Rage boiled up inside her like nothing she’d ever felt before, and before she knew what she was doing, she strode forward, knocked his hand aside, and punched him right in the nose.

  There came a heavy crunching sound, and then Xaior stumbled backward, clutching at his face. The flames he’d conjured disappeared, and blood started flowing freely between his fingers and over his lips.

  “Aduro!” she screamed. A dozen balls of flame burst into life in the air around all around her, flaring bright and out of control. She had no idea what she was doing; her anger had taken her over, and through the gasps of the other apprentices and Xaior’s sudden look of disbelief and horror, she pulled back her fist again.

  “ENOUGH!”

  AmyQuinn was abruptly picked up and thrown through the air. She crashed to the ground twenty feet away from where she’d been, and the air immediately rushed out her lungs. Heaving and gasping, she tried to suck in a full breath but found she simply couldn’t. People appeared and tried to help her to her feet; she glanced up and saw bat-eared Rylin and blonde Lalin.

  “That was disgraceful.”

  Everybody froze. Gar and Cath had helped Xaior to his feet, and there was blood all down his front from his still-bleeding nose. He was staring daggers at her, and she was quite certain that if Master Owain had not strode forward to separate them, the fight would still be raging.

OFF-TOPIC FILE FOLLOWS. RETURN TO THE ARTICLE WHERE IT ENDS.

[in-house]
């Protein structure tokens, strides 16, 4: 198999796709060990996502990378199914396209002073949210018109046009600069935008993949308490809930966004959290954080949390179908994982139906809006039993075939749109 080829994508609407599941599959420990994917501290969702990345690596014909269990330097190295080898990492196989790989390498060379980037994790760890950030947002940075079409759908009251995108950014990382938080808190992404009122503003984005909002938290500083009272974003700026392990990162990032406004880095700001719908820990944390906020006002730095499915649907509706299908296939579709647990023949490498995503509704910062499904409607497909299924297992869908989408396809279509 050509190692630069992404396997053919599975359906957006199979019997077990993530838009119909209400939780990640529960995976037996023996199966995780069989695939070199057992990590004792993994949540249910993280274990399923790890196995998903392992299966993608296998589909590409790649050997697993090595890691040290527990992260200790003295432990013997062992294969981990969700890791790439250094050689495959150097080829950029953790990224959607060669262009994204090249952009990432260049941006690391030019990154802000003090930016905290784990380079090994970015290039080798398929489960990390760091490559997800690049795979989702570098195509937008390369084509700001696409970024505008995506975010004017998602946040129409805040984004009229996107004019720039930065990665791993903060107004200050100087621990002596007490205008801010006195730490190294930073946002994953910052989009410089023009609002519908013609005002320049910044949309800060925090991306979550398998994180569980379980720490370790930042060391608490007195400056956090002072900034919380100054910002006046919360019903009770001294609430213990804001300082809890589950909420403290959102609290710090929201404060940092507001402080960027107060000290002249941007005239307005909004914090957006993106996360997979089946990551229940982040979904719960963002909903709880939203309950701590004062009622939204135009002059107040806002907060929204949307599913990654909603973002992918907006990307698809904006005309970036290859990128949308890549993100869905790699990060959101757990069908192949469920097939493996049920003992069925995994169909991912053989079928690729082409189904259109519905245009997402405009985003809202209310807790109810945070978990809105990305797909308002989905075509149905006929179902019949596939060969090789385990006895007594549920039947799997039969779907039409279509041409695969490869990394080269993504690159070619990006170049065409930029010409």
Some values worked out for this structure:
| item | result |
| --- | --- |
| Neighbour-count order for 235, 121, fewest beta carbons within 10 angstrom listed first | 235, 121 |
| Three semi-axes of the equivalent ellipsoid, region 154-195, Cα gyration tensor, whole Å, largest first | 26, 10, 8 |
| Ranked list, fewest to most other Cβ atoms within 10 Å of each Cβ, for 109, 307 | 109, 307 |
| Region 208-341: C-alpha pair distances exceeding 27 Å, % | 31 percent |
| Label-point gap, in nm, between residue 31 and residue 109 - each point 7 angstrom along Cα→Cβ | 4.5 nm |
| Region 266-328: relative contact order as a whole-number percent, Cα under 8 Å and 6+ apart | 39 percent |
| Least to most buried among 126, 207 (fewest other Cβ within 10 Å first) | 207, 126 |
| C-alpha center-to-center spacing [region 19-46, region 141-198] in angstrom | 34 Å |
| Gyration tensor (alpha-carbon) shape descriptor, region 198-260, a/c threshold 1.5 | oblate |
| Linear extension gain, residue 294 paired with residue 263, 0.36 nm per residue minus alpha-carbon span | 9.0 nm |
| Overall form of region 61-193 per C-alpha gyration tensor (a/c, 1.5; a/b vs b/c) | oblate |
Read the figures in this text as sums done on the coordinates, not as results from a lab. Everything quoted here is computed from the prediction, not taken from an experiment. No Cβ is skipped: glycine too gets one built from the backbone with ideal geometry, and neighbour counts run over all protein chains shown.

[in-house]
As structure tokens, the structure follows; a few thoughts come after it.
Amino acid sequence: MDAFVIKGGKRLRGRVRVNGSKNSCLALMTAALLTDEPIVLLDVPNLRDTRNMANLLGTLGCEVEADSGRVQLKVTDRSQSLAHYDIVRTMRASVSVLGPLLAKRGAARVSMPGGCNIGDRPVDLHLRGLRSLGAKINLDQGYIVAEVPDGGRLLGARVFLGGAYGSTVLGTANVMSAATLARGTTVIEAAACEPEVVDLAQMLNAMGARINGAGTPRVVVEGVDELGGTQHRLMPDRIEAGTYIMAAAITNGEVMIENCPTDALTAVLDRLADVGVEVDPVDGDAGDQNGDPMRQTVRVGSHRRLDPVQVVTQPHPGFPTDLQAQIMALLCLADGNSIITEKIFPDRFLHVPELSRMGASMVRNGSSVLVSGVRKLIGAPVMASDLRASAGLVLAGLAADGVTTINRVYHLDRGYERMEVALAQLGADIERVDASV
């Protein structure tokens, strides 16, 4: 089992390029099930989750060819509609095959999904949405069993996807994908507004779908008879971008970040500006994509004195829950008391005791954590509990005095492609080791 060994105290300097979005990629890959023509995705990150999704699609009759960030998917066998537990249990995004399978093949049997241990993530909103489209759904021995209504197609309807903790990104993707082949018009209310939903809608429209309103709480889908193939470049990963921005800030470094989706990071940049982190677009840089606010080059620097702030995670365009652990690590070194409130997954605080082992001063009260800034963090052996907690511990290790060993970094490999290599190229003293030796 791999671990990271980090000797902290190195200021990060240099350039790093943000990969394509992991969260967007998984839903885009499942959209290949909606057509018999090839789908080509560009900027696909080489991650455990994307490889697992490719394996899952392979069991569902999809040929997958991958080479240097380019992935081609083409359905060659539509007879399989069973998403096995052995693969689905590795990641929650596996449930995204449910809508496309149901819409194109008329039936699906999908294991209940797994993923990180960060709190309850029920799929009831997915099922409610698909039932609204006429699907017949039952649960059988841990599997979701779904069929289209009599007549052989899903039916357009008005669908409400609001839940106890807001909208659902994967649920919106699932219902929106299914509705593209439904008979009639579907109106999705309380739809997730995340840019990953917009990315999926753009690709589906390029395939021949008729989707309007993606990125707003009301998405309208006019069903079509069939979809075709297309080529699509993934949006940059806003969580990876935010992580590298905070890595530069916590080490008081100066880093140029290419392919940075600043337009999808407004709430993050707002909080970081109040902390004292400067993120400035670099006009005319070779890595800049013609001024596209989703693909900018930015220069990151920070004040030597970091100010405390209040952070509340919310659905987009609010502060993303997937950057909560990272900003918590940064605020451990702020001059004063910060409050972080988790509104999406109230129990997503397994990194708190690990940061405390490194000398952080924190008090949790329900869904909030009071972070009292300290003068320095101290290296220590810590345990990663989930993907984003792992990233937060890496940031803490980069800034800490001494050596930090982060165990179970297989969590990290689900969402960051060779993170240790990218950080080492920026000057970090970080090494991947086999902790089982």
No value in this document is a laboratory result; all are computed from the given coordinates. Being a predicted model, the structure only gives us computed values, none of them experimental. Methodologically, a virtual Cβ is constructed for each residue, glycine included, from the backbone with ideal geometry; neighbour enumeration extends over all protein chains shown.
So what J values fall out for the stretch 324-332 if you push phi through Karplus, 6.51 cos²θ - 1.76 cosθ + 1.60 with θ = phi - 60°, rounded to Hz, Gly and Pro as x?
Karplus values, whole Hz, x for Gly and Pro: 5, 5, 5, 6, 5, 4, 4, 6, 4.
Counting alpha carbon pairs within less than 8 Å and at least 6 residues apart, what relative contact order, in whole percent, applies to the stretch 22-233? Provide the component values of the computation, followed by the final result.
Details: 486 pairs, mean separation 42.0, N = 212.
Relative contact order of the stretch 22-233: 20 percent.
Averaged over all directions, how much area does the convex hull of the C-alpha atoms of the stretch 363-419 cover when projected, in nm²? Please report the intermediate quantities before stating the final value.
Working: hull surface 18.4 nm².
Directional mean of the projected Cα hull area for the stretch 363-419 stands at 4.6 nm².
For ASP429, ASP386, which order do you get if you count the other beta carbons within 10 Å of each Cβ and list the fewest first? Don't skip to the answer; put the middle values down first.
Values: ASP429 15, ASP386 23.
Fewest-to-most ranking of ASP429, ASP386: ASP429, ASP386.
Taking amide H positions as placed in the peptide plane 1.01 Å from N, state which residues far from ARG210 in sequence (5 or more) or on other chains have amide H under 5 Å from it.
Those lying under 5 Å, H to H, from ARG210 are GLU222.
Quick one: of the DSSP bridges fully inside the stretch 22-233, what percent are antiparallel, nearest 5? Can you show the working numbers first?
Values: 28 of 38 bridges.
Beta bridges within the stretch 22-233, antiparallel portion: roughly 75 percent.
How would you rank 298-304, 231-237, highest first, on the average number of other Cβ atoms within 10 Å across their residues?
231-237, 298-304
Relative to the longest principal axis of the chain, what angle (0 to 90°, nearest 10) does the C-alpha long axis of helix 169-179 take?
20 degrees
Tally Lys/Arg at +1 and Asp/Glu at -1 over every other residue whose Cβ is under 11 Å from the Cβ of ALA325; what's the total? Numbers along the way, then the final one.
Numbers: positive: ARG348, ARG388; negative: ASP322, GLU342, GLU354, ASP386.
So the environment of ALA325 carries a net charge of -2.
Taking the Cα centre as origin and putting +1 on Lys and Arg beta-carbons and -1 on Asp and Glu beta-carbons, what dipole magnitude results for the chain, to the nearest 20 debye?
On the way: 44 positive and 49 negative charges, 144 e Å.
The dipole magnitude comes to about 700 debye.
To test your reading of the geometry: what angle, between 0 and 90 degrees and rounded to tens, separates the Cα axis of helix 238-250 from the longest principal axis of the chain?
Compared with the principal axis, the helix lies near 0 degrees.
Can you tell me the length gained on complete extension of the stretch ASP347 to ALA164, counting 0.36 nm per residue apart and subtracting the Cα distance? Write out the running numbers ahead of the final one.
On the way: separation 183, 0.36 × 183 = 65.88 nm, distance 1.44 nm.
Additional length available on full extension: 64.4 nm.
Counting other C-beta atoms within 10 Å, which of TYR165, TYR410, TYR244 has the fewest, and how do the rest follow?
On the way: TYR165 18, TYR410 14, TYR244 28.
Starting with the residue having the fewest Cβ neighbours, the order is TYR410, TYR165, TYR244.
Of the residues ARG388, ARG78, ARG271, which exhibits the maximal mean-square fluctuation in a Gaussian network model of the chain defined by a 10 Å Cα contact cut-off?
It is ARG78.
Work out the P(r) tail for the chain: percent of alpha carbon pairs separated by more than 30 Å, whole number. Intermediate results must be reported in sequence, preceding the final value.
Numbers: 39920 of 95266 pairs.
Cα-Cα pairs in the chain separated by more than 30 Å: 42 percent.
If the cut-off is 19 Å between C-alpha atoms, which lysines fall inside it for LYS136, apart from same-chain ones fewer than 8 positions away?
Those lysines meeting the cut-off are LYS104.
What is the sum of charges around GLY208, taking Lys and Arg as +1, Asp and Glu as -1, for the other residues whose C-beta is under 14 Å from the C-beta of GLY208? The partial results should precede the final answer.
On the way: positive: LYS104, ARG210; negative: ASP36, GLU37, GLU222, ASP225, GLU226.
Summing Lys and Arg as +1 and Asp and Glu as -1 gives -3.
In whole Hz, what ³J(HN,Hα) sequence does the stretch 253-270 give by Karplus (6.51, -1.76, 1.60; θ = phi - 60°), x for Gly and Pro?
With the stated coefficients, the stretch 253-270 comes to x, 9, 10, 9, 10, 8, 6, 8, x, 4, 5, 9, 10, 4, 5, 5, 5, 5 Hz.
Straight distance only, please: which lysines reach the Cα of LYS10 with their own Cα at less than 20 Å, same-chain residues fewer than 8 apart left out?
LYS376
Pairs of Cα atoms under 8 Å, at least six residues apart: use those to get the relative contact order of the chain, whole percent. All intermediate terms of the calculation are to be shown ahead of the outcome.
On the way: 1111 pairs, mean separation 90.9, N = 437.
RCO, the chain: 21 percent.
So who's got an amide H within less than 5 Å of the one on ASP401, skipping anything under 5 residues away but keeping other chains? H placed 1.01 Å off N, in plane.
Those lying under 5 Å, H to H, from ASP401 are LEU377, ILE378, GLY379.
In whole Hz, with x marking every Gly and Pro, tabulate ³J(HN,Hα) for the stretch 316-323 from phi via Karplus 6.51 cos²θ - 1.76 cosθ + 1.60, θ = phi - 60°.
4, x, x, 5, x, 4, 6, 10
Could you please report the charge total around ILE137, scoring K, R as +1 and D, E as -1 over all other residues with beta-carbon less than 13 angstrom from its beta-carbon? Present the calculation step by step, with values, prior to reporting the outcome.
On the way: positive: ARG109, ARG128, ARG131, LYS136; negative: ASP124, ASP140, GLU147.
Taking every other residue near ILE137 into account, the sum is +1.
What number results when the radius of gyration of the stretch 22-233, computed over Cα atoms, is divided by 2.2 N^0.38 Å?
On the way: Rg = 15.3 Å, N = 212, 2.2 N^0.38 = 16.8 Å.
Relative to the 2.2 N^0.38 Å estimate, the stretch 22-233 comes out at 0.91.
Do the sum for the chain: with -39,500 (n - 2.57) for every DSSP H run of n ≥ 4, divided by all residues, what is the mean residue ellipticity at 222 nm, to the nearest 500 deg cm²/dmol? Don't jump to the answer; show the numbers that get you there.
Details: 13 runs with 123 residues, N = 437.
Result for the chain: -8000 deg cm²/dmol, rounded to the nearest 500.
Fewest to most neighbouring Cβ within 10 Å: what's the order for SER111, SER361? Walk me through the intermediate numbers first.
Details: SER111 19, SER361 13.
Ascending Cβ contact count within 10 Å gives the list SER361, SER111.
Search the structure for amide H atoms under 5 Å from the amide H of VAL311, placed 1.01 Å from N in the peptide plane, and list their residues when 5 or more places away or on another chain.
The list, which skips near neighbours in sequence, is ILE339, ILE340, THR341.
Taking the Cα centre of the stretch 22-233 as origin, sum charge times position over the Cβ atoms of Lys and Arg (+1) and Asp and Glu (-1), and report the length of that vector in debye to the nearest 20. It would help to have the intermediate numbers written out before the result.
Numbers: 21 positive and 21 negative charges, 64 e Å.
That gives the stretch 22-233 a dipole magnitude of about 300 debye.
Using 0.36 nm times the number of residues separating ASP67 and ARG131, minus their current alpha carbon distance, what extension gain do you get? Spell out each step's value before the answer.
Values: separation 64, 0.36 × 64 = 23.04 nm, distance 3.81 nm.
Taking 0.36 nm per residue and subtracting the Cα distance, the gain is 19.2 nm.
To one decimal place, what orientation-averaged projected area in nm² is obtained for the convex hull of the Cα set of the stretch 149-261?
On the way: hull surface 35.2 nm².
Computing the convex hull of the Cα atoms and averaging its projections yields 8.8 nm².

She shifted her gaze to the teacher, and his face was enough to cool her rage completely. He was looking between them both with such a terrible expression of mingled fury and disappointment that she couldn’t stand to hold his gaze. It was only then that she realized how stupid she’d been, letting Xaior provoke her like that. If she’d just kept calm...

  It was worth it, said a savage voice in her head, a voice she did not understand. It spoke the way a wounded animal might, and she could hear desperation below the fury. He deserved it.

  “My two best students decide to try and murder each other in the middle of a routine examination,” Owain said in the deadly quiet of the room. AmyQuinn felt her cheeks begin to burn with embarrassment.

  “You both just attacked another apprentice,” he continued. “You specifically violated the code of conduct you swore to uphold when you placed your hand on the Book of Names. I should have you thrown out of the Citadel.”<